News and commentary about the Great Frontiers

ISS007-E-10807 (21 July 2003) --- This view of Earth's horizon as the sunsets over the Pacific Ocean was taken by an Expedition 7 crewmember onboard the International Space Station (ISS). Anvil tops of thunderclouds are also visible. Credit: Earth Science and Remote Sensing Unit, NASA Johnson Space Center

Image Credit: ISS007-E-10807 (21 July 2003) – Earth Science and Remote Sensing Unit, NASA Johnson Space Center

Technological Singularity References


The Technological Singularity, that near-term point in time (2030?) when technology advances beyond humanity’s ability to comprehend it, will not be comprised of a single trend or a convergence of a few choice trends. It is a black hole sucking in all progress and breaking all rules in the process. The technological singularity sits so prominently on our horizon that one almost expects a visible manifestation of it to suddenly appear in our sky.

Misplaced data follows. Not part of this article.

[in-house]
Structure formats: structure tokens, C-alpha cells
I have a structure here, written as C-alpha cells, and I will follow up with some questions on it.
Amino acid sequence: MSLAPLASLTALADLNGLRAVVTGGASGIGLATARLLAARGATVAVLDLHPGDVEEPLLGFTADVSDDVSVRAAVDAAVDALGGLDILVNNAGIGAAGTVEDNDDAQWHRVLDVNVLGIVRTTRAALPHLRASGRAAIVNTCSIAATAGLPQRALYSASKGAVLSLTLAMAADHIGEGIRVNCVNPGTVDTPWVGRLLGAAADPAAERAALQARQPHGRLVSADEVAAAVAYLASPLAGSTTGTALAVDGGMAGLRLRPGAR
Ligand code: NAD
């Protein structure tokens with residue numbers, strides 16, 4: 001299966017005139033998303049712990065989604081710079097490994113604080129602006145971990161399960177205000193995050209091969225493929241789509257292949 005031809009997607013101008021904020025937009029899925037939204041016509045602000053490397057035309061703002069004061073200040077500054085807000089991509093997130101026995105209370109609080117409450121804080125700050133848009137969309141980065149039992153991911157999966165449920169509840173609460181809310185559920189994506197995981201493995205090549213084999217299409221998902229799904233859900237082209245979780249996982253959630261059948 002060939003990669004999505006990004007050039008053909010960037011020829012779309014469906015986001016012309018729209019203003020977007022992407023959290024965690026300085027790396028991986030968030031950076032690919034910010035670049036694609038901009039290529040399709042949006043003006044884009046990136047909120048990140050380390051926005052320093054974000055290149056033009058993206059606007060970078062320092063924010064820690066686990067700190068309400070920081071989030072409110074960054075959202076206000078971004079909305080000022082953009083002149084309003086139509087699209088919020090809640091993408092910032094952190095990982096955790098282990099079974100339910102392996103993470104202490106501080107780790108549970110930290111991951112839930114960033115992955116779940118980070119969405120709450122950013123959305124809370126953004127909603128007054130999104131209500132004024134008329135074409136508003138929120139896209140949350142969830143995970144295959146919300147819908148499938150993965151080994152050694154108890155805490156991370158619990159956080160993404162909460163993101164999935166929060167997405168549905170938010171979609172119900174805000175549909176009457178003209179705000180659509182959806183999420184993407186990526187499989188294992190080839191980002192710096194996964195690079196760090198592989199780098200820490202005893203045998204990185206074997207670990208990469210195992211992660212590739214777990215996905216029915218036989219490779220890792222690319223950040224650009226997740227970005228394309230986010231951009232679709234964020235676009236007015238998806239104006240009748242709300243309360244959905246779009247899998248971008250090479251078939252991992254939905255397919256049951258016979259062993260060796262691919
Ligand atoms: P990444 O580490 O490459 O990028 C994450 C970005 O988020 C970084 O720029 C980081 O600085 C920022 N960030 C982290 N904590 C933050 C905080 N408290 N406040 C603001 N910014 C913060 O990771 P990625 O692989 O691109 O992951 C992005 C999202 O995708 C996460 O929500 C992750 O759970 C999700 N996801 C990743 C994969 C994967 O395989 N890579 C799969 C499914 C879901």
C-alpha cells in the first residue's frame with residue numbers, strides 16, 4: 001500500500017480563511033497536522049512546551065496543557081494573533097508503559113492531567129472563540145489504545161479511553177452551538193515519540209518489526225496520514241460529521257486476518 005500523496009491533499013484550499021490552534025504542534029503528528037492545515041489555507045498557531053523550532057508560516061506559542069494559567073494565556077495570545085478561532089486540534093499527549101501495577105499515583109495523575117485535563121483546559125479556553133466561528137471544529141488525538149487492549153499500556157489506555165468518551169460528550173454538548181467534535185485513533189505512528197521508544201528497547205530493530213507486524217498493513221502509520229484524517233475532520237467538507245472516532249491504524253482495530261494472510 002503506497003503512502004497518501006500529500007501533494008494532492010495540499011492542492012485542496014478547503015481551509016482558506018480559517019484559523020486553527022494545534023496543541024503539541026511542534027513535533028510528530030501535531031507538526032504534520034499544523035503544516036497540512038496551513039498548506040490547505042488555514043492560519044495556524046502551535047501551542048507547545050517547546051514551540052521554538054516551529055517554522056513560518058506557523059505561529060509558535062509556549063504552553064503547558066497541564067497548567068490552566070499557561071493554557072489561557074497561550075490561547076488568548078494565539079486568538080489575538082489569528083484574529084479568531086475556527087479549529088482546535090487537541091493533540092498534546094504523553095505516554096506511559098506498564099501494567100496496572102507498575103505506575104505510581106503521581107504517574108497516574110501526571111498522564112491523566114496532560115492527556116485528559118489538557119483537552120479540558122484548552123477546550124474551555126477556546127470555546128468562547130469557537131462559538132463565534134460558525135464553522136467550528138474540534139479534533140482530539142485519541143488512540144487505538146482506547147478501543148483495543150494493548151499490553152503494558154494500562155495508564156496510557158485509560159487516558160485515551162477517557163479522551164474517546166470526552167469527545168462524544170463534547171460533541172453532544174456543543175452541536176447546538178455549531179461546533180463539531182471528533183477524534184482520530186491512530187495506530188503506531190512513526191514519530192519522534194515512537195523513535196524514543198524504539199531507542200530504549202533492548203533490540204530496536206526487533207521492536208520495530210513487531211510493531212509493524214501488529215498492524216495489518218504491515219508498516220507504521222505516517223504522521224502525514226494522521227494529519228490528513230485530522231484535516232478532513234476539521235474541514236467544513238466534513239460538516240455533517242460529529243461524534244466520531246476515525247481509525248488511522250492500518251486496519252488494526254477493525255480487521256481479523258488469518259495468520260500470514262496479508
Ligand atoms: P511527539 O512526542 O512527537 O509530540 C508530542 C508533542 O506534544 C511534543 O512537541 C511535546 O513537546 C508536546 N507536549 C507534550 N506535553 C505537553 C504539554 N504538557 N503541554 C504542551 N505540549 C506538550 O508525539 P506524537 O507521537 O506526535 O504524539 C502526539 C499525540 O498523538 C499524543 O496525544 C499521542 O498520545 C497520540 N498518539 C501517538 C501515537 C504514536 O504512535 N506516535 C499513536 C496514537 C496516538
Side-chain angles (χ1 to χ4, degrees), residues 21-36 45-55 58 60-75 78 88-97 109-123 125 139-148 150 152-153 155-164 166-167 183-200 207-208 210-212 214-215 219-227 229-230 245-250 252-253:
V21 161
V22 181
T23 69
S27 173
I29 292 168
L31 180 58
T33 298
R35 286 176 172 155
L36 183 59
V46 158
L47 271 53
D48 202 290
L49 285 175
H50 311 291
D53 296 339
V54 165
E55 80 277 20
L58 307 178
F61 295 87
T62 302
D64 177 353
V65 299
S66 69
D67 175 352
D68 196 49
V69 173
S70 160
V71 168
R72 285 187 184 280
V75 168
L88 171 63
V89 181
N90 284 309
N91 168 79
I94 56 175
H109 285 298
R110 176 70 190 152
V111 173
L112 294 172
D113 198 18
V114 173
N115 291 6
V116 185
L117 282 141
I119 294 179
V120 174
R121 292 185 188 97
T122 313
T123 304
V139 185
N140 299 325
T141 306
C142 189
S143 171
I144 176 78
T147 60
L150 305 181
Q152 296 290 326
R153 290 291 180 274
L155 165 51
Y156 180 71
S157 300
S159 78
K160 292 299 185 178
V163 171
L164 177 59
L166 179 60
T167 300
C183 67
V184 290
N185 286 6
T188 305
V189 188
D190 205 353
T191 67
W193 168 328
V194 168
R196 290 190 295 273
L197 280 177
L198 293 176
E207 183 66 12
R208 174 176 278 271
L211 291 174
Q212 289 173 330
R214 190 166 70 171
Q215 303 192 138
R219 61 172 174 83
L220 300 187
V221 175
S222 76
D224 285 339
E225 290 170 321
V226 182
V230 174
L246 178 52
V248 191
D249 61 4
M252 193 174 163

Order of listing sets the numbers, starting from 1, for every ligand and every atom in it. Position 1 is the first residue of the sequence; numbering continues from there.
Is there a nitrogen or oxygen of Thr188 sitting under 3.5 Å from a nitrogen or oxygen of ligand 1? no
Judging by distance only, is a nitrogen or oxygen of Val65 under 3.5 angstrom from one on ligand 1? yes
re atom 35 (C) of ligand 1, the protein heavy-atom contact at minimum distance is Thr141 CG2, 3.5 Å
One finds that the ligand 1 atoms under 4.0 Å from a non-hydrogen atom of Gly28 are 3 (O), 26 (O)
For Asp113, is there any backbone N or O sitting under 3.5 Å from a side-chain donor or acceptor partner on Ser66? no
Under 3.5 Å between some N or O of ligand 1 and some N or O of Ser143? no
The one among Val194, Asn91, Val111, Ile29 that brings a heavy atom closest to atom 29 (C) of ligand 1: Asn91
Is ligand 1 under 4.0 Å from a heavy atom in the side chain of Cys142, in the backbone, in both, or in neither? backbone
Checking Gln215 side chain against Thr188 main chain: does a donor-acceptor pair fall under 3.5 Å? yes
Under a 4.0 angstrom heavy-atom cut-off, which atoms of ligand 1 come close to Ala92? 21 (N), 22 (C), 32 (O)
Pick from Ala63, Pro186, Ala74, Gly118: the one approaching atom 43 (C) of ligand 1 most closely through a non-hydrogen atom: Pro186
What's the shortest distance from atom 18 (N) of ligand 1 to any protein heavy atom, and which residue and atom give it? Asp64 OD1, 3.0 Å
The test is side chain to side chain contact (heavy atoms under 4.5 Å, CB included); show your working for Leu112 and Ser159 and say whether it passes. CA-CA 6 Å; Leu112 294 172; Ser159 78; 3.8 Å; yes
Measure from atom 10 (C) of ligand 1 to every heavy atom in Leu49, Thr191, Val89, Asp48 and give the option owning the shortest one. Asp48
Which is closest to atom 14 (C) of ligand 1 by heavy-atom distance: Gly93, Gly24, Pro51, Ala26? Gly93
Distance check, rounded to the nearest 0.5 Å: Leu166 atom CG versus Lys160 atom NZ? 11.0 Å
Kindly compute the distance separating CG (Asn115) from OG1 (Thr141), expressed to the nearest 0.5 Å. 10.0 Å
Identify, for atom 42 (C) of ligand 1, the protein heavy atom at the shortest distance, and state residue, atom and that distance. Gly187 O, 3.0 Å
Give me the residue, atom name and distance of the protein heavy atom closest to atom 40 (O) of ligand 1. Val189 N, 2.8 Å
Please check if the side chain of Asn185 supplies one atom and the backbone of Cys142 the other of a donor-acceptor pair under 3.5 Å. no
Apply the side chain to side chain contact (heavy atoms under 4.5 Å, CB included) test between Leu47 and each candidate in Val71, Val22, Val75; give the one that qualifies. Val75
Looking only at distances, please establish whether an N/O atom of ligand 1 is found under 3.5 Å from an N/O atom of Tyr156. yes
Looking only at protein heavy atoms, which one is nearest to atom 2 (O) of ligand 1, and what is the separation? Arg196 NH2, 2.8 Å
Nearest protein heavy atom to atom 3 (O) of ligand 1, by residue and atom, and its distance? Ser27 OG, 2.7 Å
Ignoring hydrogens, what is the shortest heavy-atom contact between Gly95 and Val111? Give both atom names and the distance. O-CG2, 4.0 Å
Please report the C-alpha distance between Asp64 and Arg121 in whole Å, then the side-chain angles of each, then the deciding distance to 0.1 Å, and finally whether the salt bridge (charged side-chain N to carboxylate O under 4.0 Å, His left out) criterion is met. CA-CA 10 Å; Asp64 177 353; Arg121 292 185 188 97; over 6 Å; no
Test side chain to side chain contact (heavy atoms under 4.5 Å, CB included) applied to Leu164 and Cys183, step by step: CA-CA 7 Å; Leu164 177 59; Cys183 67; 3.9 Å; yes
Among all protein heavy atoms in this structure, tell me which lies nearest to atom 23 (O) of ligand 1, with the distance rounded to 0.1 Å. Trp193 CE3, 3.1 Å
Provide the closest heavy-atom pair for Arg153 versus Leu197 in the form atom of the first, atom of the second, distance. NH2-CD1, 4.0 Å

While public awareness of the technology singularity is low, it appears to be tugging on human affairs just like the gravity of an approaching black hole. Singularity-related conferences measure their attendance in the few hundreds. The number of books on the subject is multiplying, a few articles have begun to appear in magazines and newspapers, some military experts have begun analyzing the impact of such an event on the society, and a vibrant community of enthusiasts is growing along with a companion community of opponents to the idea.

There are many places on the net to learn more about the Singularity:

Books on the subject include:

A search for “technological singularity” in any search engine will provide a plethora of links and one site will often lead to many other interesting sites and further information on the subject.

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